The changing business landscape

The Australian Bureau of Statistics released its Counts of Australian Businesses a few months ago and for the Central Coast they make interesting reading and I wonder if anyone in government ever gets around to looking at them. At CCBR we did!
The Counts of Australian Businesses is really a business census – how many there are, what they do, how many they employ and what their turnover is.
When these numbers are extracted to focus on the Central Coast they highlight an issue that should worry us all.
But firstly look at the number of registered businesses in our region over the last four years:
2017 22,480 businesses
2014 21,265 businesses
Increase 215
So in four years out of all the businesses that started up and went broke or closed down we ended up with a paltry 215 extra businesses operating across the region.

What this does not tell us is that the number of non-employing businesses in 2017 was 12,232 compared with 12,547 in 2014.
54% of all businesses on the Coast employ nobody.
The largest employing group are those in the 1–19 employees category and there are 9,878 or 44%. In 2014 there were 8,741 so we have had an increase of 1,137 businesses which sounds pretty good. These are small businesses.
The next category is 20-199 employees and should be the backbone of the regional economy. In 2017 there were 480 of these businesses compared with 741 four years ago. A loss of 261 businesses.
This category makes up just 2% of total businesses but to lose this number of medium to large sized businesses is a disaster.
And finally we have the really big employers those who employ over 200 people. In 2104 there were 18 and by 2017 that had fallen to 2014.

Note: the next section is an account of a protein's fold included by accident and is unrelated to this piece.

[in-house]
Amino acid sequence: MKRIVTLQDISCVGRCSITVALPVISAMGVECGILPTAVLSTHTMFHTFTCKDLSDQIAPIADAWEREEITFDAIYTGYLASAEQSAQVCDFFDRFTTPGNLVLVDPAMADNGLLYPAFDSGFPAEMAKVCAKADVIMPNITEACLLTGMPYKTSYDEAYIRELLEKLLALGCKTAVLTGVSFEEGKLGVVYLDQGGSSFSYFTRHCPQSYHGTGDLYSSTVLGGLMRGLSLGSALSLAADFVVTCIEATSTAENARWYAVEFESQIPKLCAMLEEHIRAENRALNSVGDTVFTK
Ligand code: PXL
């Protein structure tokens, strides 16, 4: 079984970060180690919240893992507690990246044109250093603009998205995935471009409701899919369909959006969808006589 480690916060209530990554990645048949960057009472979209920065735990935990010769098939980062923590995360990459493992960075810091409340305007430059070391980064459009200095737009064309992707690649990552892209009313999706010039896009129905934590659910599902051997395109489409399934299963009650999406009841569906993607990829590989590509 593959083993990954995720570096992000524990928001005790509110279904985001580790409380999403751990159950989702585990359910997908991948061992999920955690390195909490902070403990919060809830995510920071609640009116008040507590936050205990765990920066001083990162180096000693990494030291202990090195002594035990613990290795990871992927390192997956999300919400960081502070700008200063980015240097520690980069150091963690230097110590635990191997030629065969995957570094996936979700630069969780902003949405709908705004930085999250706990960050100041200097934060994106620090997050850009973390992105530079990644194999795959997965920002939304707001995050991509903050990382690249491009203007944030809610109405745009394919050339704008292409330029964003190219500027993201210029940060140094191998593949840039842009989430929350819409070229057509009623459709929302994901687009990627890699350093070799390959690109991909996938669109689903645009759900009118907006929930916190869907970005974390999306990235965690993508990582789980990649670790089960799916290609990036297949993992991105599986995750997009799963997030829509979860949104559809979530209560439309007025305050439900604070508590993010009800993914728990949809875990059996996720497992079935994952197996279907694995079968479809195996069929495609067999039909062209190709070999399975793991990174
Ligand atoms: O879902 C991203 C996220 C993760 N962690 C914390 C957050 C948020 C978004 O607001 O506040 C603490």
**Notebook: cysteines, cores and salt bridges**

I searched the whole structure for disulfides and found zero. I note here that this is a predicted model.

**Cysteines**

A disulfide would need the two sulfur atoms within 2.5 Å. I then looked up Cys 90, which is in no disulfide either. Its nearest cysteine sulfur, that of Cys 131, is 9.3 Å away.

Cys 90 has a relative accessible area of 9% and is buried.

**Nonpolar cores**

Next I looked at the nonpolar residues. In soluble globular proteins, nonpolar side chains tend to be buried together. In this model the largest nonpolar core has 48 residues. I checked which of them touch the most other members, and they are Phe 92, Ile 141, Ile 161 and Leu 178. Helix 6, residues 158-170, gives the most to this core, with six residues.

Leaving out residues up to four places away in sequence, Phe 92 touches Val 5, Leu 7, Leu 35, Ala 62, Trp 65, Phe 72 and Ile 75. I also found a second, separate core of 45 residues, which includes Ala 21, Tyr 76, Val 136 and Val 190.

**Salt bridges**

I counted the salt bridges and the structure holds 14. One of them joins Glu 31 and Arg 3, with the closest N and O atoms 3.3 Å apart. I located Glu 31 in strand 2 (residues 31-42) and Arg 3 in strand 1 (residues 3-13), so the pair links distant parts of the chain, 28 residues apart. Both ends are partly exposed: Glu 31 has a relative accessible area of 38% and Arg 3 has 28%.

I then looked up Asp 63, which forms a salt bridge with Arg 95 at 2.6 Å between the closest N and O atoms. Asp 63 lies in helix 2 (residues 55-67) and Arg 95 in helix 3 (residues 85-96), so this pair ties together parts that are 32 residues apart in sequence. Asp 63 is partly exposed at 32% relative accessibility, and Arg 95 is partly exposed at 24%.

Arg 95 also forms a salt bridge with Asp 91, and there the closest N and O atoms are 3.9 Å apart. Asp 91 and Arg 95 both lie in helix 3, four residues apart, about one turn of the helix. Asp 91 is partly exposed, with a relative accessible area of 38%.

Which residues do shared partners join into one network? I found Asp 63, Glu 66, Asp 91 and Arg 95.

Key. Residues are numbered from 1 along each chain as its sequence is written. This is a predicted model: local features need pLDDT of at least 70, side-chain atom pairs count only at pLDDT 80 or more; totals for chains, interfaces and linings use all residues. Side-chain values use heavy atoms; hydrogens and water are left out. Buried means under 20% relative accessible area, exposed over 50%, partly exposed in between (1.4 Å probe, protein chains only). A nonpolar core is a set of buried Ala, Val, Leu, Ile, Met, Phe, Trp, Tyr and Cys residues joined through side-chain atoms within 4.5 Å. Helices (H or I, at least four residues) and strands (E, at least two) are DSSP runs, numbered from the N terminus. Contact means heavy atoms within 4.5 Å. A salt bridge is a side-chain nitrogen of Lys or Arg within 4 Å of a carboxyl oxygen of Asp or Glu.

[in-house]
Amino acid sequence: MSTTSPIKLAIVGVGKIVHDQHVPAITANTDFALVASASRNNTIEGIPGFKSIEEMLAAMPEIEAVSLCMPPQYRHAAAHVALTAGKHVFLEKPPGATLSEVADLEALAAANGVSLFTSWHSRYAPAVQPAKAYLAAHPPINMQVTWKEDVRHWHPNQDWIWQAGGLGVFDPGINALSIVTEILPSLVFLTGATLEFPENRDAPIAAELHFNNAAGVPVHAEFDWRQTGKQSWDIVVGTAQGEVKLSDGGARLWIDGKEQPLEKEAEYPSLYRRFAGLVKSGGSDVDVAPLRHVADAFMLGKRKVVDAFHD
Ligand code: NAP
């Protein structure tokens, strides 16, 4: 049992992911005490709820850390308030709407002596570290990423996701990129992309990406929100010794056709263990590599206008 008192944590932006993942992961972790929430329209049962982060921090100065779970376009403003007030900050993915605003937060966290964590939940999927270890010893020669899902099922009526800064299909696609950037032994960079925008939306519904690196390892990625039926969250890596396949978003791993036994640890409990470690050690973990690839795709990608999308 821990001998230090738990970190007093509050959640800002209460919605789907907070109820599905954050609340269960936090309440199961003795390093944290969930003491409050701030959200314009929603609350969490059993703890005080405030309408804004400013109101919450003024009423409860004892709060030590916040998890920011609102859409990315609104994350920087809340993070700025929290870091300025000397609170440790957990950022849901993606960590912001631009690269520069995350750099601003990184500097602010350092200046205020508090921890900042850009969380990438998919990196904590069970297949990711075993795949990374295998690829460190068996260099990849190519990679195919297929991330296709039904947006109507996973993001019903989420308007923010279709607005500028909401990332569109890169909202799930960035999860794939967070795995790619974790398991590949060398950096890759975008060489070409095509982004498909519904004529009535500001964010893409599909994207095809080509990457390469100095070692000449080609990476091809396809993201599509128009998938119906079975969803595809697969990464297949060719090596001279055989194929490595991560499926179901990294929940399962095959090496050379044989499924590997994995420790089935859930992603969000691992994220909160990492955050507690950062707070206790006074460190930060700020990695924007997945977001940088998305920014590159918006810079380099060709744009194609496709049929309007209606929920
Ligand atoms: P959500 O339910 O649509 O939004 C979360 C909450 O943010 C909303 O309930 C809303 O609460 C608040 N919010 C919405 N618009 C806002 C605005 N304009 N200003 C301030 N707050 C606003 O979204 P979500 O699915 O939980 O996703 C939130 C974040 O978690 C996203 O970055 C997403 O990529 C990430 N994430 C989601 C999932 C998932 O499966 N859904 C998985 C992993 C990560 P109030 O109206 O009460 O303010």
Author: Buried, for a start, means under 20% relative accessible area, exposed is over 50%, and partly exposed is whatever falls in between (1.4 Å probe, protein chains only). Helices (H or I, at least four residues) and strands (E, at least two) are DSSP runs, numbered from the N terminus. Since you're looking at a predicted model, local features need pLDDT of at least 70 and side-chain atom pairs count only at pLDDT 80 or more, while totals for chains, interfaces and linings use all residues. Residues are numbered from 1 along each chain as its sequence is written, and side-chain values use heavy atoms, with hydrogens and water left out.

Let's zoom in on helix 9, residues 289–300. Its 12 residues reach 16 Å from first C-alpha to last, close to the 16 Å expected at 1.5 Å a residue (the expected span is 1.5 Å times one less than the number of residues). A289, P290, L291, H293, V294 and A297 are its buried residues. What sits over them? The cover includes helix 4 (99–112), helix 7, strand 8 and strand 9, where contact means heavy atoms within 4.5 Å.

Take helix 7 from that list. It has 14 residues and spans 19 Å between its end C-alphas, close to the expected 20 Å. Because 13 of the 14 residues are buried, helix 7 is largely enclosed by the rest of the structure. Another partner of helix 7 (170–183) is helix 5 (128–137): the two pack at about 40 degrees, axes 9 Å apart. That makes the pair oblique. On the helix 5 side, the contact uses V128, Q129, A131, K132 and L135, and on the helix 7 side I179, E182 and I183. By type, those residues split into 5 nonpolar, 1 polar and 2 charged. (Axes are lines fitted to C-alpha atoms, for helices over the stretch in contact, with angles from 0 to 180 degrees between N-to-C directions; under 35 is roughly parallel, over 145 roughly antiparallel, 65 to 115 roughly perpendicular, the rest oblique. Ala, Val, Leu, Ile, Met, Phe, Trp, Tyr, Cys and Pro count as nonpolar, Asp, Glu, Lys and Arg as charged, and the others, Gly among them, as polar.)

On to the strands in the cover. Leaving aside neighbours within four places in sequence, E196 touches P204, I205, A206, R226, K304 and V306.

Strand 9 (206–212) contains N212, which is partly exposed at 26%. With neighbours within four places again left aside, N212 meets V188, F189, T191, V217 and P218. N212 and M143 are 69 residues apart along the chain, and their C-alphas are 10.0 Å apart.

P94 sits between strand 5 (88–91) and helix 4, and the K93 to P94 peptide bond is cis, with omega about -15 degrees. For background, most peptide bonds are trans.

Industry sector wise the number of manufacturers have dropped from 944 to 897 while builders have increased from 4,674 to 5,312 and retailer have dropped from 1,529 to 1,357.
Meanwhile everyone in government is congratulating themselves because employment figures are up and that’s because more and more people are being soaked up with the introduction of the NDIS and expansion of medical and health services to take care of the Central Coast’s ageing population. And there is the increasing number of public servants everywhere else.
It has always been that the construction industry is significant contributor to any economy along with manufacturing and mining.
It has always been recognised that the construction industry is a major contributor to any economy and the Central Coast is seeing that now and with the State Government’s growth plan for the region and the revitalisation of Gosford City that should continue.
But that aside there needs to be a focus on encouraging businesses to relocate to our region.
It is here that the Central Coast Council needs to put politics aside and get on board. Throwing tantrums over the Warnervale Airport and a coal mine simply scares business people off. We are not the only region in Australia and some councils knock their socks off to bring business in.
Welfare does not build an economy is sucks on it.
Edgar Adams